very simple datastore reimplementation
Jameson "Chema" Quinn
jquinn at cs.oberlin.edu
Fri May 9 21:51:58 EDT 2008
On Fri, May 9, 2008 at 6:43 PM, C. Scott Ananian <cscott at laptop.org> wrote:
> On Fri, May 9, 2008 at 2:26 PM, Joshua N Pritikin <jpritikin at pobox.com>
> > On Fri, May 09, 2008 at 12:10:07PM -0600, Jameson Chema Quinn wrote:
> >> To be more clear about this use case: I think that there should
> >> be a way for the onboard datastore to store the metadata for an absent
> >> with hints about what place(s) to find that file (networked backup, sd
> >> cards, usb devices) and how to recognize it when you do. This should
> >> the possibility for offloading old intermediate versions. Then, even
> >> you do not have access to the backup storage, you can see what you are
> >> missing. This makes the result of suddenly yanking the SD card out more
> >> well-defined (assuming no filesystem corruption), and means you do not
> >> have to merge/separate two indexes (there is just one index).
> > I was surprised to read this. My opinion is that the index should only
> > include files which are available on local storage. Otherwise the index
> > can fill up with broken links, and it will be difficult to explain why
> > the broken links don't work. Access to backups is a good idea, but not
> > via such a by-default mechanism.
> ( http://cscott.net/ )
Let me be a little clearer still about what I am envisioning. I do not
imagine that, except in rare cases (restore after total data loss) the
journal would ever scan external/network storage for an absent file, or
explicitly import one or more files (as distinct from opening them or
otherwise doing something meaningful with them, using a traditional
tree/folder view). The journal index would know exactly where things were,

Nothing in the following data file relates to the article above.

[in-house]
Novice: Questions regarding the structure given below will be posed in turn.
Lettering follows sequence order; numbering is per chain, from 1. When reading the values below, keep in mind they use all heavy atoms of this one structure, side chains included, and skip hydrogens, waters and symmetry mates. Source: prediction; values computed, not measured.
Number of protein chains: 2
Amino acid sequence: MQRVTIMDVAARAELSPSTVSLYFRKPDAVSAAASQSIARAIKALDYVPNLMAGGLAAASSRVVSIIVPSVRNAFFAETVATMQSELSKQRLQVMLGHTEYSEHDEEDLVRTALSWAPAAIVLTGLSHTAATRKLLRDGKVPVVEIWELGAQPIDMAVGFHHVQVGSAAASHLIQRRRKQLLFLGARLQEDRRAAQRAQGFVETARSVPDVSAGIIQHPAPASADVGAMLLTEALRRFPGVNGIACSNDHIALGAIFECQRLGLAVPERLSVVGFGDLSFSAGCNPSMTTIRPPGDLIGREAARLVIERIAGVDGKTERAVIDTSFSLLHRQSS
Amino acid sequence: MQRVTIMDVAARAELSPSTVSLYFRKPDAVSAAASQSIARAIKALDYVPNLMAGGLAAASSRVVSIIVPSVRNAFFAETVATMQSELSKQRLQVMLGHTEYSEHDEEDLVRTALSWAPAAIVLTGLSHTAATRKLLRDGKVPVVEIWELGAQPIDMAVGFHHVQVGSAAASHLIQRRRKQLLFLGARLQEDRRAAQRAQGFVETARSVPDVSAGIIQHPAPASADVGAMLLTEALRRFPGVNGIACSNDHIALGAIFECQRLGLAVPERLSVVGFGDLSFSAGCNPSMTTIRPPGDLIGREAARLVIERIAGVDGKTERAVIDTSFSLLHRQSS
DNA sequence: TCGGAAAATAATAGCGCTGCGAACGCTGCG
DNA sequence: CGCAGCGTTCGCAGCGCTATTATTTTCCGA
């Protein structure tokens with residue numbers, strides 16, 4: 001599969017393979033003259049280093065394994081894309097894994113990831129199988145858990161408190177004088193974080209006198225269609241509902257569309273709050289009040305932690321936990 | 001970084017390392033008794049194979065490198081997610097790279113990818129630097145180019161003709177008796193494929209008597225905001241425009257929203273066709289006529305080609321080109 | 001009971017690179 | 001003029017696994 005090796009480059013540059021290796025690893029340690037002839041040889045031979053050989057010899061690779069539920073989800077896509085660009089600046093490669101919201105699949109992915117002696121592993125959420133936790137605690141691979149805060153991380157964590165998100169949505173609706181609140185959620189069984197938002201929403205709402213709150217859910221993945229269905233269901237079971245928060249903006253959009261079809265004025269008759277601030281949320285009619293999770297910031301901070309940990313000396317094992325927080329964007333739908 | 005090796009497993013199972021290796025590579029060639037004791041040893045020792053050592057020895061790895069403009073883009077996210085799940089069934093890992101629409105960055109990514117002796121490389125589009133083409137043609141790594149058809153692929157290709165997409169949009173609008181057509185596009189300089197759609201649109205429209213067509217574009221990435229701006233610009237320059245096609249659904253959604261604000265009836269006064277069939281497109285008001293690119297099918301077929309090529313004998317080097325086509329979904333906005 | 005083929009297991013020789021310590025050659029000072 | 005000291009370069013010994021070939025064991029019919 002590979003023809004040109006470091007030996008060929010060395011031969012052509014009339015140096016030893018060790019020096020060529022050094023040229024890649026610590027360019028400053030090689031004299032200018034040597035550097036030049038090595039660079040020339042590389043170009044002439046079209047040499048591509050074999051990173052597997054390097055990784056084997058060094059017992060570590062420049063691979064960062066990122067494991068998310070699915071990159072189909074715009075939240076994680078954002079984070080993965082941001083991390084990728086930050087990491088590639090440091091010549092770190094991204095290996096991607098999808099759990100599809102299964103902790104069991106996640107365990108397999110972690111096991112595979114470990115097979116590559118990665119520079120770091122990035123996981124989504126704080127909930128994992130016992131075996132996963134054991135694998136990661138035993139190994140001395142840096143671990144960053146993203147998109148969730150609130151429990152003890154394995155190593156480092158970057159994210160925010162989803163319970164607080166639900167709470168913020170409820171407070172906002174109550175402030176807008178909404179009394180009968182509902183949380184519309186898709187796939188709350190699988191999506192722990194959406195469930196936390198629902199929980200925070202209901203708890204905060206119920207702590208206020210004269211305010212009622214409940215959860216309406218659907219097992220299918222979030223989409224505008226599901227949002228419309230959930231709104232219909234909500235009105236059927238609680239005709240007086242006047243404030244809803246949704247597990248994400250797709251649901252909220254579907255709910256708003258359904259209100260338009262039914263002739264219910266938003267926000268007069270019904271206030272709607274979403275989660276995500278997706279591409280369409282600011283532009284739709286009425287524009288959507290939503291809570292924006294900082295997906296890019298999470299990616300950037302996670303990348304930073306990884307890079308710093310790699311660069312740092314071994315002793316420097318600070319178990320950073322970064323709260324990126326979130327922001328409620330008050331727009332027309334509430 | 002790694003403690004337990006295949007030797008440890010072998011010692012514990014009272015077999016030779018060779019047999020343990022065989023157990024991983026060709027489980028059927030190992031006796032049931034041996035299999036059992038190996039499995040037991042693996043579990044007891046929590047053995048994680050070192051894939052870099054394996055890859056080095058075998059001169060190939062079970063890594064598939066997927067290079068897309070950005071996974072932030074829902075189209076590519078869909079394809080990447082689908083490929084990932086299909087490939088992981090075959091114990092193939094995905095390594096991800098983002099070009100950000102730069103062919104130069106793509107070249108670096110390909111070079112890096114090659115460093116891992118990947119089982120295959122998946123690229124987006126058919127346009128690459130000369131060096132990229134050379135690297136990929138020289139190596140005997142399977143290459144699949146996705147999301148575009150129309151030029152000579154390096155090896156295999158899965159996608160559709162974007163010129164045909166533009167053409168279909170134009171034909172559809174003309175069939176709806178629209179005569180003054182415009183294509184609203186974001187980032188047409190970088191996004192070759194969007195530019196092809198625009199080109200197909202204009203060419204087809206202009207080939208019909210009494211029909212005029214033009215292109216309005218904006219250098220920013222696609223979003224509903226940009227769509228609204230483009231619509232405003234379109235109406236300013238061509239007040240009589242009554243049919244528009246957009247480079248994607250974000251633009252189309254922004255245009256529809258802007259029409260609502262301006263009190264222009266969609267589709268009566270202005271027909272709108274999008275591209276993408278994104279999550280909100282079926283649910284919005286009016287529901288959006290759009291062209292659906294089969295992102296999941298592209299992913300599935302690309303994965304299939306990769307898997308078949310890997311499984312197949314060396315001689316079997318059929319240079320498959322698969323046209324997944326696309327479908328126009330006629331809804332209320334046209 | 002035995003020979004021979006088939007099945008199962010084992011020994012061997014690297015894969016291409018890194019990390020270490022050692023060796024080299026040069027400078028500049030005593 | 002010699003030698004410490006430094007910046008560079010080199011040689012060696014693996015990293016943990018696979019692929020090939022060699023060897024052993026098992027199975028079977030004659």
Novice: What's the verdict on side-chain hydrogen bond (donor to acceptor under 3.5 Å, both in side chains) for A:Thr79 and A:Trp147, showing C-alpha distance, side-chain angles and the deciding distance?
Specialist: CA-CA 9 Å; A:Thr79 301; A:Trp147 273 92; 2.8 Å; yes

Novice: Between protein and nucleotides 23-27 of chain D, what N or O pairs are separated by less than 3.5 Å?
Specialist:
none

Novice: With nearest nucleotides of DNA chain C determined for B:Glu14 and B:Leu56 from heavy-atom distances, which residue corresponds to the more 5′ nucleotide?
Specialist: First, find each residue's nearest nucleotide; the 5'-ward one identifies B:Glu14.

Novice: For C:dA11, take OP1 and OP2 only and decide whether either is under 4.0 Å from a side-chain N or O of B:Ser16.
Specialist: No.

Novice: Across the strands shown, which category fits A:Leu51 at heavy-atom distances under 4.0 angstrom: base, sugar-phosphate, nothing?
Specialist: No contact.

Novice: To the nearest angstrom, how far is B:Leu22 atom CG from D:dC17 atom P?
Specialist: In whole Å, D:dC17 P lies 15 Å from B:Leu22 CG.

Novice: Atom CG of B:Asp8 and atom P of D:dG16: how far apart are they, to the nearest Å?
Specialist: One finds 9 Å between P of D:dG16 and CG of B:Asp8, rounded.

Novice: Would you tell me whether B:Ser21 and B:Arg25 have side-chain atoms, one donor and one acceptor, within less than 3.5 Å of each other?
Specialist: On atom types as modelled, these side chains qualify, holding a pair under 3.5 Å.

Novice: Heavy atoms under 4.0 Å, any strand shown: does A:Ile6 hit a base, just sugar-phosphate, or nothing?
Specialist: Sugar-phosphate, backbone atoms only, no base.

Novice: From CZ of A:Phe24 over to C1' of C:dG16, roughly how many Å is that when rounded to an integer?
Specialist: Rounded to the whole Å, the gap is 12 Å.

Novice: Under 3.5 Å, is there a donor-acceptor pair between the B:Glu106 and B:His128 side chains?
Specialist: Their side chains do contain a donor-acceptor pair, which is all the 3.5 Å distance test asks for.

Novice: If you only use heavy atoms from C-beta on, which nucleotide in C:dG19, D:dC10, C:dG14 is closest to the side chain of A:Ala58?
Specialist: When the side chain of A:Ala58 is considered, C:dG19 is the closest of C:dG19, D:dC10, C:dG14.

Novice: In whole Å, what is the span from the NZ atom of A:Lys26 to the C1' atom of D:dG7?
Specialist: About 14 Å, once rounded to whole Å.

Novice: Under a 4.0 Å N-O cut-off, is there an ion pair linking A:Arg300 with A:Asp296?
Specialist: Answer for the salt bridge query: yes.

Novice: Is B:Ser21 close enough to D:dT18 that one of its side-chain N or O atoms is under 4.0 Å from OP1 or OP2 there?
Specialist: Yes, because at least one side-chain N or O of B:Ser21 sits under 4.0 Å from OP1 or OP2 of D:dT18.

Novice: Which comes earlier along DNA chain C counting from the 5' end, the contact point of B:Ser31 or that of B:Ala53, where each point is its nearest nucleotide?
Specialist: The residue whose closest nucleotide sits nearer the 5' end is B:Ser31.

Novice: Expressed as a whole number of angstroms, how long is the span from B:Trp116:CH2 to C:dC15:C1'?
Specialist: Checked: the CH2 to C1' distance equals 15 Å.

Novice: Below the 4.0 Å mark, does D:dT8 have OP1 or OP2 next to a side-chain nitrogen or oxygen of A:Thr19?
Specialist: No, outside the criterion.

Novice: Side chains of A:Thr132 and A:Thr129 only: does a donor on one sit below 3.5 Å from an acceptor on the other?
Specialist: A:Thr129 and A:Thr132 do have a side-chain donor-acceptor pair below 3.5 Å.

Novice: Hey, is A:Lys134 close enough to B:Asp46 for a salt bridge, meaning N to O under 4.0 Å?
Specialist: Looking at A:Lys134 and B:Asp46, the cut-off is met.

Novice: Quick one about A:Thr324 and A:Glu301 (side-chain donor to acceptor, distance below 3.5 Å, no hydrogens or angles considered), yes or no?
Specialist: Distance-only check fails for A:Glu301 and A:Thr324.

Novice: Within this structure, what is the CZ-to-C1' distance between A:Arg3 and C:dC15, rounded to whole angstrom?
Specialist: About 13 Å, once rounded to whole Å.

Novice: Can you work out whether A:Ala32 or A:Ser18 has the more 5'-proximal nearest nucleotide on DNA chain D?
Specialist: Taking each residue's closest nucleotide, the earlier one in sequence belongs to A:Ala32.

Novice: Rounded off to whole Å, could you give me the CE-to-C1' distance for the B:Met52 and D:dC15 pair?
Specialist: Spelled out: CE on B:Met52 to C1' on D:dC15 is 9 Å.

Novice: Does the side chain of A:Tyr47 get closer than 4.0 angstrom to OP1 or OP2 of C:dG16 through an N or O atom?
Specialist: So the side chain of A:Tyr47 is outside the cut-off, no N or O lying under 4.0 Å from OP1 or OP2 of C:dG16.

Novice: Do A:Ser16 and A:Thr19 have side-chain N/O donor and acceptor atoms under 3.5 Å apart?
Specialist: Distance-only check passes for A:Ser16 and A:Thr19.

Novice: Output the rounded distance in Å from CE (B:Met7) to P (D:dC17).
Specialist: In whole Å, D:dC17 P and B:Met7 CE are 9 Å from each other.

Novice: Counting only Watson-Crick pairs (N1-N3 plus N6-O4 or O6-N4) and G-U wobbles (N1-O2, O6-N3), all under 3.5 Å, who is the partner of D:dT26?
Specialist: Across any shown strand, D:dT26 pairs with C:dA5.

but only if it put them there itself, or had used them there itself. It
would then keep track of whether the containing volume/resource was
available and show the links as broken/real on that basis. If the file had
been deleted foreignly, it might mistakenly show as available but turn out
to be unavailable when clicked on.
This model has several advantages. It does not require any scanning on
mount; it does not add files to the journal if they have never been used;
and its behaviour is generally understandable and predictable. If I am
reading c_scott's link above correctly, it is not precisely what was on his
mind, but it is supported by the same capacities of olpcfs, with the
addition of an index by storage volume and some metadata (indexed only if
you need to search it) for external path(s).
A couple of UI points:
- broken links could be filtered out by default in most views, but it would
be a simple boolean switch (checkbox or the sugar equivalent) in the
interface to show them.
-If UID can hide in the metadata, which, if I understand, is preserved as
part of the file even on foreign (unix-only?) filesystems (wow!), I do not
see any compelling reason for it to be in the filename. Locally-stored files
could have their real filenames, with 2 random characters at a time added in
case of collisions; for external storage, collisions could simply be
forbidden, and you could rename or choose a different directory.
-some file formats already include a compatible metadata spec - for
instance, an MP3 file already specifies artist. a by-format plugin api to
keep the olpcfs metadata in sync with this metadata would be a nice future
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